Streptogramins - Two are better than one!

International journal of medical microbiology : IJMM

PubMedID: 24119565

Mast Y, Wohlleben W. Streptogramins - Two are better than one!. Int J Med Microbiol. 2013;.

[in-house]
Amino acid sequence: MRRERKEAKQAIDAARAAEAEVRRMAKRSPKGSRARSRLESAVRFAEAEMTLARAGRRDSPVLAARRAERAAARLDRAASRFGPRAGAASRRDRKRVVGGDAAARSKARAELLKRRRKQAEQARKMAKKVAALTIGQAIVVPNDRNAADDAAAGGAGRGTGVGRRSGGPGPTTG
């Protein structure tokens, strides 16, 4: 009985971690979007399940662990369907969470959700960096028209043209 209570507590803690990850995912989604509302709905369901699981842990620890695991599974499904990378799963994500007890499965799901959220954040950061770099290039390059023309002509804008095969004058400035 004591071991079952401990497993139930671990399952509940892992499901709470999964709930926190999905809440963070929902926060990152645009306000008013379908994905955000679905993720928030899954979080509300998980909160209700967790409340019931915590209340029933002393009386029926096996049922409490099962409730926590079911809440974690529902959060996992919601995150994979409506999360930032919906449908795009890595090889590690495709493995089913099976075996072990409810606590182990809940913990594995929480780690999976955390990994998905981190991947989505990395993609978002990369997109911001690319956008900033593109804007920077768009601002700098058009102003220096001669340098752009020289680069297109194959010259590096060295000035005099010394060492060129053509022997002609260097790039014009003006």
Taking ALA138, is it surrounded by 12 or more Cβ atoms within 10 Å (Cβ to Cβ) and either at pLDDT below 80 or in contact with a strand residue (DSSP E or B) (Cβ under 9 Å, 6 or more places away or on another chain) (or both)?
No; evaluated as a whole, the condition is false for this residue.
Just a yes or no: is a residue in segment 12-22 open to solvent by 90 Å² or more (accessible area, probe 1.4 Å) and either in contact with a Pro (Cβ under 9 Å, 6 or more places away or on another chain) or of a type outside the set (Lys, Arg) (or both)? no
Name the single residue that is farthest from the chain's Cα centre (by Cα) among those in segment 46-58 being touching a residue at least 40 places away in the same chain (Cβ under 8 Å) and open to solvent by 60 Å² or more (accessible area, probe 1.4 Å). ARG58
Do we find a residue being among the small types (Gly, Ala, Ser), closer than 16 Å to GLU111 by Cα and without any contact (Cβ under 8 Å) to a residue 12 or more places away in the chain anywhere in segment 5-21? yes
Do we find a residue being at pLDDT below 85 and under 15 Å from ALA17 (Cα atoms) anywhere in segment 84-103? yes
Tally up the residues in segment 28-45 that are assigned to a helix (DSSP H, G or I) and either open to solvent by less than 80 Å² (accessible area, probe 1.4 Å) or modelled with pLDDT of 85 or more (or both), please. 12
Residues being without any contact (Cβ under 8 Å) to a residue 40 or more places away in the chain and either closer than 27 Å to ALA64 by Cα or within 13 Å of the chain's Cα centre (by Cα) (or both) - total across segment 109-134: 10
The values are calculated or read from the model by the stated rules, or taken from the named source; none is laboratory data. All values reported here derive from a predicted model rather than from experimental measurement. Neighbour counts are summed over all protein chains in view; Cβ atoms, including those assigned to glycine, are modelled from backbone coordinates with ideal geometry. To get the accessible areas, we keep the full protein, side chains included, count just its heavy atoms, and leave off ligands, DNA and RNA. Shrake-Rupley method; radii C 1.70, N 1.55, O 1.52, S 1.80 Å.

Streptogramins are potent drugs against numerous highly resistant pathogens and therefore are used as antibiotics of last-resort human therapy. They consist of a mixture of two different types of chemical substances - the group A streptogramins, which are polyunsaturated macrolactones, and the group B streptogramins, representing cyclic hexadepsipeptides. Streptogramins are unique in their mode of action: each component alone exhibits a moderate bacteriostatic activity by binding to the bacterial 50S ribosomal subunit and thereby blocking translation, whereas the synergic combination of both substances is up to hundred fold more effective than the single compounds, resulting in a bactericidal activity. The streptogramin biosynthetic genes are organized as large antibiotic superclusters. These clusters harbour numerous regulatory genes, which encode different types of regulators that together form a complex hierarchical signalling system, which governs the regulation of streptogramin biosynthesis. Resistance is also regulated by this cascade. However, whereas resistance against streptogramins is quite well understood in diverse pathogenic organisms, only little is known about how the natural producer strains protect themselves against these toxic compounds. Here, we give an overview about the recent advances in streptogramin investigations with a main focus on the best-studied representatives, pristinamycin and virginiamycin. We concentrate on the biosynthesis of these compounds, their regulation and resistance determinants as well as their application in medicine and food industry.